Victims include politicians, students, singers and civil servants, sometimes only for wearing Oromo traditional dress, or for holding influential positions within the community, the London-based advocacy group said in a report today. Most people were detained without charge, some for years, with many tortured and dozens killed, it said.
“The Ethiopian government’s relentless crackdown on real or imagined dissent among the Oromo is sweeping in its scale and often shocking in its brutality,” Claire Beston, the group’s Ethiopia researcher, said in a statement. “This is apparently intended to warn, control or silence all signs of ‘political disobedience’ in the region.”
The Oromo make up 34 percent of Ethiopia’s 96.6 million population, according to the CIA World Factbook. Most of the ethnic group lives in the central Oromia Regional State, which surrounds Addis Ababa, the capital. Thousands of Oromo have been arrested at protests, including demonstrations this year against what was seen as a plan to annex Oromo land by expanding Addis Ababa’s city limits.
Muslims demonstrating about alleged government interference in religious affairs were also detained in 2012 and 2013, Amnesty said in the report, titled: ‘Because I am Oromo’ – Sweeping Repression in the Oromia Region of Ethiopia.
The state-run Oromia Justice Bureau said the findings were “far from the truth” in a reply to Amnesty included in the report. “No single individual has been and would not be subjected to any form of harassment, arrest or detention, torture for exercising the freedom of expression or opinion.”
The majority of detainees are accused of supporting the Oromo Liberation Front, which was formed in 1973 to fight for self-determination, according to Amnesty.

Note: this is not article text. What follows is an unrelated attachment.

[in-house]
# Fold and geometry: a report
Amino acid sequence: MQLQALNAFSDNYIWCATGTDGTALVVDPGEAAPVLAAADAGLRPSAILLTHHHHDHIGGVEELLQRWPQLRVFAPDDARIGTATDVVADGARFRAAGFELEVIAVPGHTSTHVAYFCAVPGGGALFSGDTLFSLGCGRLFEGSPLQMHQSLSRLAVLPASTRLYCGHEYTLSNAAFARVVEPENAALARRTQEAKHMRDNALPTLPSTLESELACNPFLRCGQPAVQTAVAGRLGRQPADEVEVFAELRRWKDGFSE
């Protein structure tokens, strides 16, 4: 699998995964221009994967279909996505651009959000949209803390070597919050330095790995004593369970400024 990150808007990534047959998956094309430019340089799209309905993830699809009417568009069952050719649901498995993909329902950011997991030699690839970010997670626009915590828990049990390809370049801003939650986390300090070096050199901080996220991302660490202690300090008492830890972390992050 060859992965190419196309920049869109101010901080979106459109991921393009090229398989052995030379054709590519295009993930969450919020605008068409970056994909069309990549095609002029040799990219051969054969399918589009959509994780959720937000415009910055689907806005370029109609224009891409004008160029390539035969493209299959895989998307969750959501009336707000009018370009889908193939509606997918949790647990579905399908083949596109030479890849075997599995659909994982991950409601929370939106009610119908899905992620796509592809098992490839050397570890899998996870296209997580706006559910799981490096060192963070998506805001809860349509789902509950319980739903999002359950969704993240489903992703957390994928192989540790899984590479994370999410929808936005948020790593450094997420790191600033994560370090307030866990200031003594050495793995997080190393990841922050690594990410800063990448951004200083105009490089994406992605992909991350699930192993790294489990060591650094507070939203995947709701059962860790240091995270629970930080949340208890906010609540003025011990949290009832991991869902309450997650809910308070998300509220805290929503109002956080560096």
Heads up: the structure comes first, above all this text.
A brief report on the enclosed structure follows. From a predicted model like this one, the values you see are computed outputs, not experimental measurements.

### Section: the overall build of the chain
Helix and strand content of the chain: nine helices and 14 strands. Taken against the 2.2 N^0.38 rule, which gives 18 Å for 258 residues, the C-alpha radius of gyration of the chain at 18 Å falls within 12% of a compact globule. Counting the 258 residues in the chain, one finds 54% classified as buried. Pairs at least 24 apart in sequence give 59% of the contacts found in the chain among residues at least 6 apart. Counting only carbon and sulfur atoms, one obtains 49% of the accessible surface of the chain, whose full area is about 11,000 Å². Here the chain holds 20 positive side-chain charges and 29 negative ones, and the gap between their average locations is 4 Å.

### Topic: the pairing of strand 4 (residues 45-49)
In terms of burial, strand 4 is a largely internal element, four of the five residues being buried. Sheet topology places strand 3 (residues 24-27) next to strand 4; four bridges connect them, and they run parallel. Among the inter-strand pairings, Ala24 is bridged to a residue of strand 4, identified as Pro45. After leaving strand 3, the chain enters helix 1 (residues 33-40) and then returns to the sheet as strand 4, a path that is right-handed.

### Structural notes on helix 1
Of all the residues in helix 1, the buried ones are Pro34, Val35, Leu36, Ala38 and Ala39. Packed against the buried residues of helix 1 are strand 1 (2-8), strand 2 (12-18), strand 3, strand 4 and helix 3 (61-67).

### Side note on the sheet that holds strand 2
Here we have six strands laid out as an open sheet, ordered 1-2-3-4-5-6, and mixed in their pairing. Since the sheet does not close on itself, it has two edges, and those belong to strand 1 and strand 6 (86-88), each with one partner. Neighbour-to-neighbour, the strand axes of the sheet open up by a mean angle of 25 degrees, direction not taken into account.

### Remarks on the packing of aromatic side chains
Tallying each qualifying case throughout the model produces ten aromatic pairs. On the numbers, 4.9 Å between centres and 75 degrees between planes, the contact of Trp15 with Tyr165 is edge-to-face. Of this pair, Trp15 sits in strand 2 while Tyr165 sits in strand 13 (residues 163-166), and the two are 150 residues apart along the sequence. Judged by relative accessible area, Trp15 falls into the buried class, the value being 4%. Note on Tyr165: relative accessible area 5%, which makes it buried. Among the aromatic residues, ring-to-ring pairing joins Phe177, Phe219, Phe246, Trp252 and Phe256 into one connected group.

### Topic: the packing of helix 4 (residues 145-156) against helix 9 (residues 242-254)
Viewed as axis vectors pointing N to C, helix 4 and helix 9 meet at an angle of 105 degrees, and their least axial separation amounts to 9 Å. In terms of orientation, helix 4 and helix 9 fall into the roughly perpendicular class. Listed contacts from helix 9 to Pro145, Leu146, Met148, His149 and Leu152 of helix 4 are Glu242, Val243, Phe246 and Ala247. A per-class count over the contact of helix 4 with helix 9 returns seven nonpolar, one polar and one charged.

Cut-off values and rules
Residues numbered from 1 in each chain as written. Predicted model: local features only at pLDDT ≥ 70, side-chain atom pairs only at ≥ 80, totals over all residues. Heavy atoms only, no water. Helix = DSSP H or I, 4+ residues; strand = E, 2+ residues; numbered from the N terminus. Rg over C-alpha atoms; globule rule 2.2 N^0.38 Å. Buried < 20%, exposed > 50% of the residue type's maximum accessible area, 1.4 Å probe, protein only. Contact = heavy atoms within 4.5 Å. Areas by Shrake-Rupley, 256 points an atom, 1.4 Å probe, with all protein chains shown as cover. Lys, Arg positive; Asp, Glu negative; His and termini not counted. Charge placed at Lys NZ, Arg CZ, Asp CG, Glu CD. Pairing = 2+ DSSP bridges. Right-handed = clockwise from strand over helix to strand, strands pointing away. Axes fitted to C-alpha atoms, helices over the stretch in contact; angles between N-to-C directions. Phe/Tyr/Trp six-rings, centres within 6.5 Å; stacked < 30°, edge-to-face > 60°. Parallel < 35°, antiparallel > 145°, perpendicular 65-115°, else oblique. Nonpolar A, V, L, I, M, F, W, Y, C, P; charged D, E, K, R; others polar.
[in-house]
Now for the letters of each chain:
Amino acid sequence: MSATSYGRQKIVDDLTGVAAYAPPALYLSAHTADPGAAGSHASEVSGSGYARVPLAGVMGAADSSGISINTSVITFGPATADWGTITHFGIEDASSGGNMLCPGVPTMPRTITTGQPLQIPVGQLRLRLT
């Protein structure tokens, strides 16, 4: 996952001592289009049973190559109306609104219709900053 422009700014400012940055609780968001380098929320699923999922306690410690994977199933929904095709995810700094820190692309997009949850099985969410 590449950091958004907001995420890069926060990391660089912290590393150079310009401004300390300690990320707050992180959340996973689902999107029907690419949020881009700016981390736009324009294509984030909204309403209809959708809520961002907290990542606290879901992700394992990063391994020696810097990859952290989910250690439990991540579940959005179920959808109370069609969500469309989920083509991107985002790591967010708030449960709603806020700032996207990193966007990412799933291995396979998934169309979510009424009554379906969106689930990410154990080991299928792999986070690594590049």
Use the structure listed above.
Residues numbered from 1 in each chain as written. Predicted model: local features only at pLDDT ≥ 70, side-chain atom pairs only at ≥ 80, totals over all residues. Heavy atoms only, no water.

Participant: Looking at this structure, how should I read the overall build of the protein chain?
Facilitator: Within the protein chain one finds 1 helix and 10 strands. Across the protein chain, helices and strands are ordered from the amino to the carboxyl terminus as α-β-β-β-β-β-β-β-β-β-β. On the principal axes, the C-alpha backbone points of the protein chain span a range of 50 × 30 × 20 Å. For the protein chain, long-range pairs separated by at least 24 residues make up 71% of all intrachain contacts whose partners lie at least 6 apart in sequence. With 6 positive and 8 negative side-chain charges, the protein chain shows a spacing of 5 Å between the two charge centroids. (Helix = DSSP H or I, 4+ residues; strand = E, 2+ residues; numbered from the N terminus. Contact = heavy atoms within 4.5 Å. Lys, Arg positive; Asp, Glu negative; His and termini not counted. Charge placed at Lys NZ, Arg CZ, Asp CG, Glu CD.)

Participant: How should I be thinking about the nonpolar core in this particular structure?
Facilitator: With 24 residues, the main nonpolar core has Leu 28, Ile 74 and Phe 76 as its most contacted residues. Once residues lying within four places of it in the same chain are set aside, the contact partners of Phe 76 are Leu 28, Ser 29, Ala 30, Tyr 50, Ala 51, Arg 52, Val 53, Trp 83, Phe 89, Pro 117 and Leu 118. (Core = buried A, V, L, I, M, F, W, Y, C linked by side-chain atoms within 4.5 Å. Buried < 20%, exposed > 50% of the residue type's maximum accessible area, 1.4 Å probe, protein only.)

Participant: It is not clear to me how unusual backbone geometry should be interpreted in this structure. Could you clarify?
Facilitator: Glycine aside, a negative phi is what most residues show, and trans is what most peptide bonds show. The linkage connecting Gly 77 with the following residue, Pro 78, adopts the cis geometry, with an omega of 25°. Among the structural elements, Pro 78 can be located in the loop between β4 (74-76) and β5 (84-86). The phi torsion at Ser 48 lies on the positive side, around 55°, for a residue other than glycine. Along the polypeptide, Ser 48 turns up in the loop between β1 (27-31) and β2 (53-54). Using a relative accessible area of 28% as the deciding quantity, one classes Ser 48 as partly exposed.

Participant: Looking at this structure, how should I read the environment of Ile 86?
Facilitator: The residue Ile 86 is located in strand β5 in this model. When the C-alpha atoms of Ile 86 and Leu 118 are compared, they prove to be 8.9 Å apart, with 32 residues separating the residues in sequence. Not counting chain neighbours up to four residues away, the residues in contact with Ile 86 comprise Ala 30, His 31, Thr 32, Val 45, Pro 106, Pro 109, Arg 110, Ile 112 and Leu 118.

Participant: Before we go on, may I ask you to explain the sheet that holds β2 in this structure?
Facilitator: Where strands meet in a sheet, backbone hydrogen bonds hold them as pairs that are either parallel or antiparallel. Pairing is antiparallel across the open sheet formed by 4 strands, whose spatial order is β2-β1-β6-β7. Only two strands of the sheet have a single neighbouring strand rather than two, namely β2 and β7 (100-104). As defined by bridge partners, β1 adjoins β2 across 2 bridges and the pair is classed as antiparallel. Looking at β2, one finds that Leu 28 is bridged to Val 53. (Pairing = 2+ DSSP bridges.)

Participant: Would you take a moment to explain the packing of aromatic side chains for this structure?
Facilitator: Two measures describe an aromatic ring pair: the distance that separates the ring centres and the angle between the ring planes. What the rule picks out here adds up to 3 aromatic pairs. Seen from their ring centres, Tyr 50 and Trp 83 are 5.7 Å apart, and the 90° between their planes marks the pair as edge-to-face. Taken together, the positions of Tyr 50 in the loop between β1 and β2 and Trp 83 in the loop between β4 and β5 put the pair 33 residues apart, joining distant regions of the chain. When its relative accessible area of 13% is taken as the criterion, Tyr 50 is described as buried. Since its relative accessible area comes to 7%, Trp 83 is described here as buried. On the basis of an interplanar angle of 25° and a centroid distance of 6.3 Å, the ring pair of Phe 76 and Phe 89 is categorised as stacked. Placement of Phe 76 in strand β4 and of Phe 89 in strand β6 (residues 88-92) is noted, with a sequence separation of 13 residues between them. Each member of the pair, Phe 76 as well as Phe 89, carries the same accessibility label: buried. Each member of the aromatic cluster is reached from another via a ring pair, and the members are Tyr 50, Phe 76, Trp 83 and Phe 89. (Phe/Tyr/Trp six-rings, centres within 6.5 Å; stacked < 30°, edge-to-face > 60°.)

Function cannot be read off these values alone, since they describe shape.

Senior Oromo politicians Bekele Gerba and Olbana Lelisa were jailed in 2012 for working with the group, which was classified as a terrorist organization by lawmakers in 2011.
“The accusation of OLF support has often been used as a pretext to silence individuals openly exercising dissenting behavior,” Amnesty said.
The bulk of Amnesty’s information came from interviews with 176 refugees in Kenya, Somalia and Uganda in July this year and July 2013. More than 40 telephone and e-mail conversations were also conducted with people in Ethiopia, it said.
Some interviewees said they fled the country because of conditions placed on them when released, such as being told to avoid activism, meeting in small groups, or associating with relatives who were political dissenters, the report said.
Amnesty has been banned from Ethiopia since 2011 when its staff was deported.
To contact the reporter on this story: William Davison in Addis Ababa at firstname.lastname@example.org
To contact the editors responsible for this story: Antony Sguazzin at email@example.com Paul Richardson, Karl Maier
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